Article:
A millionaire murder suspect's fate is in the hands of an upstate New York jury. Cal Harris, the 53-year-old husband of Michele, has already been convicted twice for his wife's murder. Both convictions were overturned. On Friday, Harris is hoping a third jury will vote to acquit him.
The wealthy car dealer from Owego, New York, and his 35-year-old wife were in the middle of a bitter divorce when the mother of four suddenly disappeared on Sept. 12, 2001. Her minivan was found at the bottom of the family's driveway, reports "48 Hours" correspondent Erin Moriarty, who began investigating this mystery eight years ago.
"I need my kids to know that I had nothin' to do with their mother's disappearance," Harris said on "48 Hours" in June 2014 for his first television interview.
"How soon do you think you became the prime suspect?" Moriarty asked him.
"Within days," Harris responded.
Circumstantial evidence and specks of Michele's blood in the Harris home led to Harris' arrest. Although no body or weapon was ever found, Harris was convicted twice of second-degree murder. But both convictions were thrown out in February, and Harris went on trial for the third time.
"We're going through this a third time because he had the financial means to hire law firms to find some technicality," said Greg Taylor, Michele's brother. "If it was anybody else, we wouldn't be going through this again."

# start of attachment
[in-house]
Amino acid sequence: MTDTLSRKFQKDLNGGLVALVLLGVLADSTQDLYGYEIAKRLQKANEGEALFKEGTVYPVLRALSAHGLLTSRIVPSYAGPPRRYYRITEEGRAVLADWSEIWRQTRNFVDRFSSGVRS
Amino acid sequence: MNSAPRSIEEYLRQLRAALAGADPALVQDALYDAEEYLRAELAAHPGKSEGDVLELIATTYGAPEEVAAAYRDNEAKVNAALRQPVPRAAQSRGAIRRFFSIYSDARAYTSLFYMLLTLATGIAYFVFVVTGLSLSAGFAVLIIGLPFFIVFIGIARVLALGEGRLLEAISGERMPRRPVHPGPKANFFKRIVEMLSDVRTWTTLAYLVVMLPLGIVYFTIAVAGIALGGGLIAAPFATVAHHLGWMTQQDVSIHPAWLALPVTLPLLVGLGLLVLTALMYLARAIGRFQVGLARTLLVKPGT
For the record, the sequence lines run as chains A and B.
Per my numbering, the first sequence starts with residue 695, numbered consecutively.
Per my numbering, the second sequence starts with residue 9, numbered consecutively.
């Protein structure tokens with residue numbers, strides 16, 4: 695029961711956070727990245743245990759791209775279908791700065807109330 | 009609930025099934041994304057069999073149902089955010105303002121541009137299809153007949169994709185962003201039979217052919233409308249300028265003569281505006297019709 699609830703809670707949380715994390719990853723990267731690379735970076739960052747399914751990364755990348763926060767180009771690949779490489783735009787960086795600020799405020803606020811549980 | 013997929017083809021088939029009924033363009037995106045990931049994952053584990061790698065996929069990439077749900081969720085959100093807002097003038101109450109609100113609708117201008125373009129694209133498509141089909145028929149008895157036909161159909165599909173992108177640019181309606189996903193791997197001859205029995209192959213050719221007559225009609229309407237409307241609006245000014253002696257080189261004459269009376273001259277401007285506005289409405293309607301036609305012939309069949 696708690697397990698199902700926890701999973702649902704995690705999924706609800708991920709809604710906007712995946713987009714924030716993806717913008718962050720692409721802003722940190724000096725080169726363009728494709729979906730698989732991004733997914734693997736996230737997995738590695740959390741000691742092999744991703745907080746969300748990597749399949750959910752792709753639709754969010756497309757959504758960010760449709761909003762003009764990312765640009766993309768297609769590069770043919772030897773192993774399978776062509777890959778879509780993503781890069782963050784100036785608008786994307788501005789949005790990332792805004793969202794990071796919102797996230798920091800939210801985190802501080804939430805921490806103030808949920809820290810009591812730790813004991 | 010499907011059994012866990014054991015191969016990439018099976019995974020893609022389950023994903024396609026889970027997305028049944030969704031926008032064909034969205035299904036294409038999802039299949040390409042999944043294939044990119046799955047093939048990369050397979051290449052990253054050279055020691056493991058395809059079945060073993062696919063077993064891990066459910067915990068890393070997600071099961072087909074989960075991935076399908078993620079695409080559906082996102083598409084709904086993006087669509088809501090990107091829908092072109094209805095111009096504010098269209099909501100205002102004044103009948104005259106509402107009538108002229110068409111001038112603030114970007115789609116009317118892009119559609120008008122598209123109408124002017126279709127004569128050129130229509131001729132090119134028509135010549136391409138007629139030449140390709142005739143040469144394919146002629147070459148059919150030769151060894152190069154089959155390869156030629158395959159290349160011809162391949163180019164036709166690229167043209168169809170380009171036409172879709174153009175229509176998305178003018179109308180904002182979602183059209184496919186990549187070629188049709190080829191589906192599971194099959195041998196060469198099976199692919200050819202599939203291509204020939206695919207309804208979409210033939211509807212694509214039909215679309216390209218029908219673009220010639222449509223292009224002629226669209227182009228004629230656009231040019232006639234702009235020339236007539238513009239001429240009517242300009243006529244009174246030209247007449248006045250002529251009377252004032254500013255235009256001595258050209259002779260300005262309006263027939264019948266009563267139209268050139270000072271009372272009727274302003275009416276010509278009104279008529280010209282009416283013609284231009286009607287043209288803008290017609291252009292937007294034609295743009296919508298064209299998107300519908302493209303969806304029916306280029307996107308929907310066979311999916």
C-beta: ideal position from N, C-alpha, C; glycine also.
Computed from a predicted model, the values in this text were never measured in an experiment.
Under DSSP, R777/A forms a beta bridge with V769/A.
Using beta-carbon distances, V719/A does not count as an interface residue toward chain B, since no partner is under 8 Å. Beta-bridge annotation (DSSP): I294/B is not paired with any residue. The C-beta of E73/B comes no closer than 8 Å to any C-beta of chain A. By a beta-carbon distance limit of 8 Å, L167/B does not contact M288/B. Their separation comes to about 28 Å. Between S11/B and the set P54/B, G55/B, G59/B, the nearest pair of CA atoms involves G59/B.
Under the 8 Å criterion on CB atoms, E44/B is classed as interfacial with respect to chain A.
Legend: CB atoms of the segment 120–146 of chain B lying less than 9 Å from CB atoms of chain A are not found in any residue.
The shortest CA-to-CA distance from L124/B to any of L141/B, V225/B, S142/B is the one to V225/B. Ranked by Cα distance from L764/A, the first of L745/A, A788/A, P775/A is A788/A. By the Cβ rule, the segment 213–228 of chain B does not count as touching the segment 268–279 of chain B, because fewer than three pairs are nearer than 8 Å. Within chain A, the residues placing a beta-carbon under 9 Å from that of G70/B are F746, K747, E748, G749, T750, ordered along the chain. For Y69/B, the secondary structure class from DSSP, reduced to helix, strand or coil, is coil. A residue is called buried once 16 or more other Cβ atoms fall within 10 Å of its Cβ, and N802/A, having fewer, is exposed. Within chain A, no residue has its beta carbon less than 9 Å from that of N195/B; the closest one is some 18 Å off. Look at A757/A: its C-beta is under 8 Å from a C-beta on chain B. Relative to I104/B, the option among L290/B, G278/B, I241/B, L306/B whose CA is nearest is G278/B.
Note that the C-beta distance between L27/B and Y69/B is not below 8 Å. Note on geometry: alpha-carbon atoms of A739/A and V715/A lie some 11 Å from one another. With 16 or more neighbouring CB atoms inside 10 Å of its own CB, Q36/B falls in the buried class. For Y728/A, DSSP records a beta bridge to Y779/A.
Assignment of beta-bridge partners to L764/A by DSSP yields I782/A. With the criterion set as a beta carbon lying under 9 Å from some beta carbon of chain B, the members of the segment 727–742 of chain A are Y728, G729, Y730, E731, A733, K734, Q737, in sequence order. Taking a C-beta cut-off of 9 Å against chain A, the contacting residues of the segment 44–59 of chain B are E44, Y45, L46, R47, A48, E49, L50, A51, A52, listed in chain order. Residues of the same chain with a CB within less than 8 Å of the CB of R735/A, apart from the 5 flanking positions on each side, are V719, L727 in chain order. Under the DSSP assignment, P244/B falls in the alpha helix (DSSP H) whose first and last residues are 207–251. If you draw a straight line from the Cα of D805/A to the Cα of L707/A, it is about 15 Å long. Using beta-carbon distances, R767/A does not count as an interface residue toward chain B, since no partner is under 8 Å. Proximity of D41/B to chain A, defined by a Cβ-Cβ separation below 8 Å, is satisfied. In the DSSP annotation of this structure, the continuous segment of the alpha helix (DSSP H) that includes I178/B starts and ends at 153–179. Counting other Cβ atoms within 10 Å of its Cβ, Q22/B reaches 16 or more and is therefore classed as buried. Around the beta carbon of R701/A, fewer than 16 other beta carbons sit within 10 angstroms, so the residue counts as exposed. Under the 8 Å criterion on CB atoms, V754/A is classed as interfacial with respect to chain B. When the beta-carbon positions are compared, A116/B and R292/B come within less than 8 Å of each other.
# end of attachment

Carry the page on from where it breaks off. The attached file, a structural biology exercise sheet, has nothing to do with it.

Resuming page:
Harris' new defense team attacked the state's case, arguing the specks of blood were not evidence of an assault. They also took aim at Michele's lifestyle.
"If you're out drinking late at night with different crowds, you're running a risk," attorney Bruce Barket said. "Obviously in this case, something happened."
They say one of the last people to see Michele was Kevin Tubbs, a farmer who previously testified that he drove past the Harris driveway at 5:30 a.m. on Sept. 12.
"There's a man at the back of the pickup," Tubbs said. "There's a woman at the side of the pickup. It's a woman that I believe was Michele Harris."
Jurors in the past didn't believe him.
"I have always said that I cannot be 100 percent sure," Tubbs said.
But this time Tubbs was sure, and identified a photo of a friend of Michele's as the man he saw nearly 14 years ago. Will this give jurors enough reasonable doubt to acquit Harris?
Bodiless prosecutions are always difficult, but what also makes this case so unusual is how Harris has spent most of the past eight years, since he was first convicted of murder in 2007; he has been free on bail, home with his family, for more than half of that time.